I spent another week in there, recovering, or recovering enough to be able to go home. It took me months to fully recover. I started eating three meals a day again, or at least trying to eat something three times a day. I had to, because I had lost a stone in my time in ICU, which I couldn't really afford. I got the catheter removed, which was a glorious day because it meant I didn't have to take my bag of pee to the bathroom when I went to brush my teeth, or attach it to the physio's pocket as she helped me practise walking around the bed. I was using the shower chair to stabilise me when I walked to and from the bathroom, because I didn't have the core strength to stay upright yet, but one day a nurse saw me come back to my chair with it and asked if I would like a zimmer frame, because I was grey, the effort having drained me of all colour. I was only too happy to have one, because it's a lot more stabilising than a rolling chair, and could help me push myself up.
The doctors started letting me go home in the afternoons, in between medication times. One evening, I'd returned, Christine and Mommy had gone home, and I sat watching the first episode of the new Doctor Who on my iPad. In the scene of Grace's death, I started crying and just couldn't stop. I suddenly realised that just over a week ago, I could have died, without any idea of what was happening. No consciousness, no ability to say goodbye, no meaningful exchanges with my family, no way to set my affairs in order. For the first time in eleven years, I was actually scared. I'd only ever been sad about my death before, because of what I would miss, and because of what my family would go through. I'd always pictured my death as being something I'd have some degree of control over, or at least be aware of, and this made me realise that I could go into hospital one day and if I was ill enough, spiral down too quickly to know about it. And I was scared that my brain could be so confused that it asked doctors to kill me, that I would have killed myself, had I not had advocates in the forms of my family. I felt so sorry, so sorry that I could have just disappeared like that.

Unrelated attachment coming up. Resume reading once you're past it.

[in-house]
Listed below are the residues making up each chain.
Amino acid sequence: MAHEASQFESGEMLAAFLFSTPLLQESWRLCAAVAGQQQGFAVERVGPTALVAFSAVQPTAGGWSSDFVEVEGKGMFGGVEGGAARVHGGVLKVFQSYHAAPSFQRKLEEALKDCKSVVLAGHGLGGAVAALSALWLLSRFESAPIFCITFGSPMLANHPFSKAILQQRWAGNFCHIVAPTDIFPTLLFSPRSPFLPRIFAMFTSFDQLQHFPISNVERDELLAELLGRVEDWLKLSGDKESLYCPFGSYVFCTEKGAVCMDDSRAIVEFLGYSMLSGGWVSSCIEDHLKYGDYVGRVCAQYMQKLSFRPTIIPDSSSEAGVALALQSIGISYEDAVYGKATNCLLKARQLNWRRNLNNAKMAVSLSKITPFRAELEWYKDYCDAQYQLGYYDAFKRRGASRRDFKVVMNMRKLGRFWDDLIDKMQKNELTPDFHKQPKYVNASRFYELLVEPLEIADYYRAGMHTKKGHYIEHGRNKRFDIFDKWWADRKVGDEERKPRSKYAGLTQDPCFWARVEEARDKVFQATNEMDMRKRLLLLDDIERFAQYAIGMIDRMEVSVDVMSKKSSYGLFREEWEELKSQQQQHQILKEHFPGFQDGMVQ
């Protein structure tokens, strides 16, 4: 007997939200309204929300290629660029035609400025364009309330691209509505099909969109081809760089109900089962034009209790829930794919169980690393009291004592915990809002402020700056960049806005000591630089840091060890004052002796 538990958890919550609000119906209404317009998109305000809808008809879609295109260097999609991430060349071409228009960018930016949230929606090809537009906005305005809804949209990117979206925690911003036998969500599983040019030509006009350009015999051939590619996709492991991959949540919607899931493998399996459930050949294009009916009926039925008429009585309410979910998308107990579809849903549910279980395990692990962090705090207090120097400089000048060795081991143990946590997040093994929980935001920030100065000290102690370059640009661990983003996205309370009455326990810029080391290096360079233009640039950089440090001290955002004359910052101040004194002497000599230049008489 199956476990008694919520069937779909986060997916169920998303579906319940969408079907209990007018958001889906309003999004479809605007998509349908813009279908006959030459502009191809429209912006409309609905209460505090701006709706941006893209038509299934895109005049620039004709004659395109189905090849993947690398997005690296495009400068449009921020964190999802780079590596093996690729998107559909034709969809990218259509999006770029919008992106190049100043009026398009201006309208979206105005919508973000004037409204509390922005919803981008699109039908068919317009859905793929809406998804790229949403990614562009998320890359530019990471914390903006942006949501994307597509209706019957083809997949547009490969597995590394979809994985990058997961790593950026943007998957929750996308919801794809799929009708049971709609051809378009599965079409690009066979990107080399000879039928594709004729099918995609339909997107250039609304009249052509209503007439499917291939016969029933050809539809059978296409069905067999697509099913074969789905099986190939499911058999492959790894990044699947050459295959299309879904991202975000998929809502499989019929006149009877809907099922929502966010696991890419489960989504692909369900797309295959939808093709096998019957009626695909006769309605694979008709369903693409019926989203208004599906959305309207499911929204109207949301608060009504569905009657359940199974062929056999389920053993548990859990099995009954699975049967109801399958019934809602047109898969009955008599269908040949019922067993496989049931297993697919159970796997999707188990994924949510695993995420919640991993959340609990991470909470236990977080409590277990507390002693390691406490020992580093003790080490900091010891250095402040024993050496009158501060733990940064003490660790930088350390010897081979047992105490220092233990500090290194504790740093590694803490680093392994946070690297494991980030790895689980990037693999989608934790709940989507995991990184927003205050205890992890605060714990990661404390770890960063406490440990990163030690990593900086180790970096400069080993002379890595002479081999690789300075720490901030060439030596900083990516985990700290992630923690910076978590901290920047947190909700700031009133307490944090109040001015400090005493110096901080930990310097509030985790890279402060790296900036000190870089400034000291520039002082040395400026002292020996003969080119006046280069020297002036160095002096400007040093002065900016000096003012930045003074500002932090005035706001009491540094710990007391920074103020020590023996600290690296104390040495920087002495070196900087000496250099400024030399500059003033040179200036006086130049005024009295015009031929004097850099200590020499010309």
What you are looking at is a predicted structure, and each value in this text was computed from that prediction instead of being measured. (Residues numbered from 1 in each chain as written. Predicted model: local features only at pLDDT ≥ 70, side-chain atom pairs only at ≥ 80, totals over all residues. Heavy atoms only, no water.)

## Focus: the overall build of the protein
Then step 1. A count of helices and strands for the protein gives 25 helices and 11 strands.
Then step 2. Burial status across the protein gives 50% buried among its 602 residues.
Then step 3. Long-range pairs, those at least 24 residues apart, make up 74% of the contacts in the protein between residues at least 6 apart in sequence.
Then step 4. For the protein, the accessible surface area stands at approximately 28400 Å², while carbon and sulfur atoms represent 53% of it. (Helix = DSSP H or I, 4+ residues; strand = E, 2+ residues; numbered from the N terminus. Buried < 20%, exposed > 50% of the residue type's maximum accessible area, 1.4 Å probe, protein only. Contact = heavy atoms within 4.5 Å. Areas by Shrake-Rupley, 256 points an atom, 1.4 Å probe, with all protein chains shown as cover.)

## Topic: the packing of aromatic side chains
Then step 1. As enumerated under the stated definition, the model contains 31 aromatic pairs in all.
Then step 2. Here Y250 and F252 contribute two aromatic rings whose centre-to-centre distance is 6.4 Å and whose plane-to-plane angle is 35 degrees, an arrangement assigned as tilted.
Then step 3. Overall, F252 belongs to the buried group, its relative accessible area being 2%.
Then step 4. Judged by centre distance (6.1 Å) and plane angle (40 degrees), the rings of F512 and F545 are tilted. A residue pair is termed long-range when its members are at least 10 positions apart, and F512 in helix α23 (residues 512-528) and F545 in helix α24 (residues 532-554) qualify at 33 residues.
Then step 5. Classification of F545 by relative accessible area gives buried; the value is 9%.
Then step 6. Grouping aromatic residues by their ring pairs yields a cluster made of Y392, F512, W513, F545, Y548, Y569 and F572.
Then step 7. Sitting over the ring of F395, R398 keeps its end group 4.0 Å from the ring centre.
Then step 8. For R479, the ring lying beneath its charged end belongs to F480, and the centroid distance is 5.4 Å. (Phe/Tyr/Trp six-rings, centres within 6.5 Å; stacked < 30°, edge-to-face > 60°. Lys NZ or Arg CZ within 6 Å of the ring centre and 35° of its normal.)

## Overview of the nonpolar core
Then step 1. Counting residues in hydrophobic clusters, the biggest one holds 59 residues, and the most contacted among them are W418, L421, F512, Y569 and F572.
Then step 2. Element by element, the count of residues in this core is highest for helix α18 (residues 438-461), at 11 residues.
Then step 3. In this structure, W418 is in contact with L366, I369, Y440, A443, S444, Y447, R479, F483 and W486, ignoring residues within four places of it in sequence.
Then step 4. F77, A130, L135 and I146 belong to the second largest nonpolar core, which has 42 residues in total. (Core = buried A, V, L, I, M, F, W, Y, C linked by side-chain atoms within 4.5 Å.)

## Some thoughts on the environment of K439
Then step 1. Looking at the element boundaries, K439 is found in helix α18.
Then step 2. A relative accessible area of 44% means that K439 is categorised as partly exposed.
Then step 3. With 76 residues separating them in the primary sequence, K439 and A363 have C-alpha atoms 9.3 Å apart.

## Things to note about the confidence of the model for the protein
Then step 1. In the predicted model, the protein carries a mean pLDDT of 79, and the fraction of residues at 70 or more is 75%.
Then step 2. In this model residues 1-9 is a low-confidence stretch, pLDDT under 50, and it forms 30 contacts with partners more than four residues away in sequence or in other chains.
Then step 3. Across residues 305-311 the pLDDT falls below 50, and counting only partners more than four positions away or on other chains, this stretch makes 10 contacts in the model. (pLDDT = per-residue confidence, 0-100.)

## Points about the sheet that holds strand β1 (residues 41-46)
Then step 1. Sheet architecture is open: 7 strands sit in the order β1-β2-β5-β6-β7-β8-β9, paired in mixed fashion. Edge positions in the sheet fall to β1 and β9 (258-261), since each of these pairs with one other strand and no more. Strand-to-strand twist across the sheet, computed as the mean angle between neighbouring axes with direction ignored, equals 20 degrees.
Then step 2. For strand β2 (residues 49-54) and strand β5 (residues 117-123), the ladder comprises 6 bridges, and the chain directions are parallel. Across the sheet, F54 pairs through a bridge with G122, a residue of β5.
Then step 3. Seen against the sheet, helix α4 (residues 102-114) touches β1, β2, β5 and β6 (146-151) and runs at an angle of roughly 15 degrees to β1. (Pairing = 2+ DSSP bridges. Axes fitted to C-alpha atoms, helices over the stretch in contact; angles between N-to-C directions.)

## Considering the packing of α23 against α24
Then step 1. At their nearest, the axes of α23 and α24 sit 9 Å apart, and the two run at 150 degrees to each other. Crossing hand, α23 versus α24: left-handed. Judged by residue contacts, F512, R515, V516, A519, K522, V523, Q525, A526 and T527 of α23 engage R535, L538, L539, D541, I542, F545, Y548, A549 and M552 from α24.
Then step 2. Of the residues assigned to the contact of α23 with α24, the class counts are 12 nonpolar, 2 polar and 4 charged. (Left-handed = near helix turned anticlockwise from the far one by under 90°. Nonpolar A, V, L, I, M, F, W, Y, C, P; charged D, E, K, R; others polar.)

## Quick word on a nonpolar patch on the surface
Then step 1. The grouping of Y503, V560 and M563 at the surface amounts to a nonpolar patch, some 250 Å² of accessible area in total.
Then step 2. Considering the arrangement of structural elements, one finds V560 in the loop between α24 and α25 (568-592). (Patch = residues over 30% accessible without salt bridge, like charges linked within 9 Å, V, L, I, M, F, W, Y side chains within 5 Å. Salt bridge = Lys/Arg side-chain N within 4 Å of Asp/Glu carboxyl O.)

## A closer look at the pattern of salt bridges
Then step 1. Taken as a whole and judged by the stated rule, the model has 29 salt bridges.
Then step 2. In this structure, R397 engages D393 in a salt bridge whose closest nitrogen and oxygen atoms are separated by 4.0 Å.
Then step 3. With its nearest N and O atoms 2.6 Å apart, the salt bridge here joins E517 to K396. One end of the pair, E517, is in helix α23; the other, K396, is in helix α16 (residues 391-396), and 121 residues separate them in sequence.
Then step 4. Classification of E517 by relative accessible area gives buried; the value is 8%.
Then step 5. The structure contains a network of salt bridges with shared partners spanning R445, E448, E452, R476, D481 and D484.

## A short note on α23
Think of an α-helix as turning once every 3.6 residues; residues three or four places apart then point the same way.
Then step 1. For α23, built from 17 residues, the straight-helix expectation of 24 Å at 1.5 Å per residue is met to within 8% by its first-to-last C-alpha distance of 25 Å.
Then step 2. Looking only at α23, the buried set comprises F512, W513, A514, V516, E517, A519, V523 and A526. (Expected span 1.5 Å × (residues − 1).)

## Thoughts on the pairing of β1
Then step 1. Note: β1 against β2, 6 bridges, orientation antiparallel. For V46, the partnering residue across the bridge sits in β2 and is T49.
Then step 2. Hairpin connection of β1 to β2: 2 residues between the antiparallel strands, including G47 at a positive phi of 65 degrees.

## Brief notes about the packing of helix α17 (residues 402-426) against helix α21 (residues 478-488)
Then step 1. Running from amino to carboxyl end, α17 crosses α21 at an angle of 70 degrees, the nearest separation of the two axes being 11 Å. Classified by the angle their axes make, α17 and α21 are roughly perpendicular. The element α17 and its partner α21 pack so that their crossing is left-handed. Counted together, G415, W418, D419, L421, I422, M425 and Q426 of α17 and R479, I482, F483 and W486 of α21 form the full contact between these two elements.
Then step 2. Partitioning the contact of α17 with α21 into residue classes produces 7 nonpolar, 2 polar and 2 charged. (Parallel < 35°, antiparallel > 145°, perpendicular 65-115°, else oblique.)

After a week on the liver ward, and what doctors called my "miraculous recovery", I was discharged. We weren't sure how I was going to get upstairs to my bed, but I was determined that I would. I used what is known as the "bum-shuffle" method. The first weekend, I had a minor breakdown, because I was so scared. So scared that the infection might come back again and I'd end up back in the same place, so we made a point in my first liver clinic appointment (very soon after my discharge) to make a plan with James as to what we would do if it came back. We are to ring ahead to the liver reg on call to let them know we are coming to A+E, and we have a letter outlining what I have and what drugs they absolutely must give me. That's what is most important, what should stop me ending up in ICU again. I understand now why people have PTSD about that place. I never, ever want to go back there.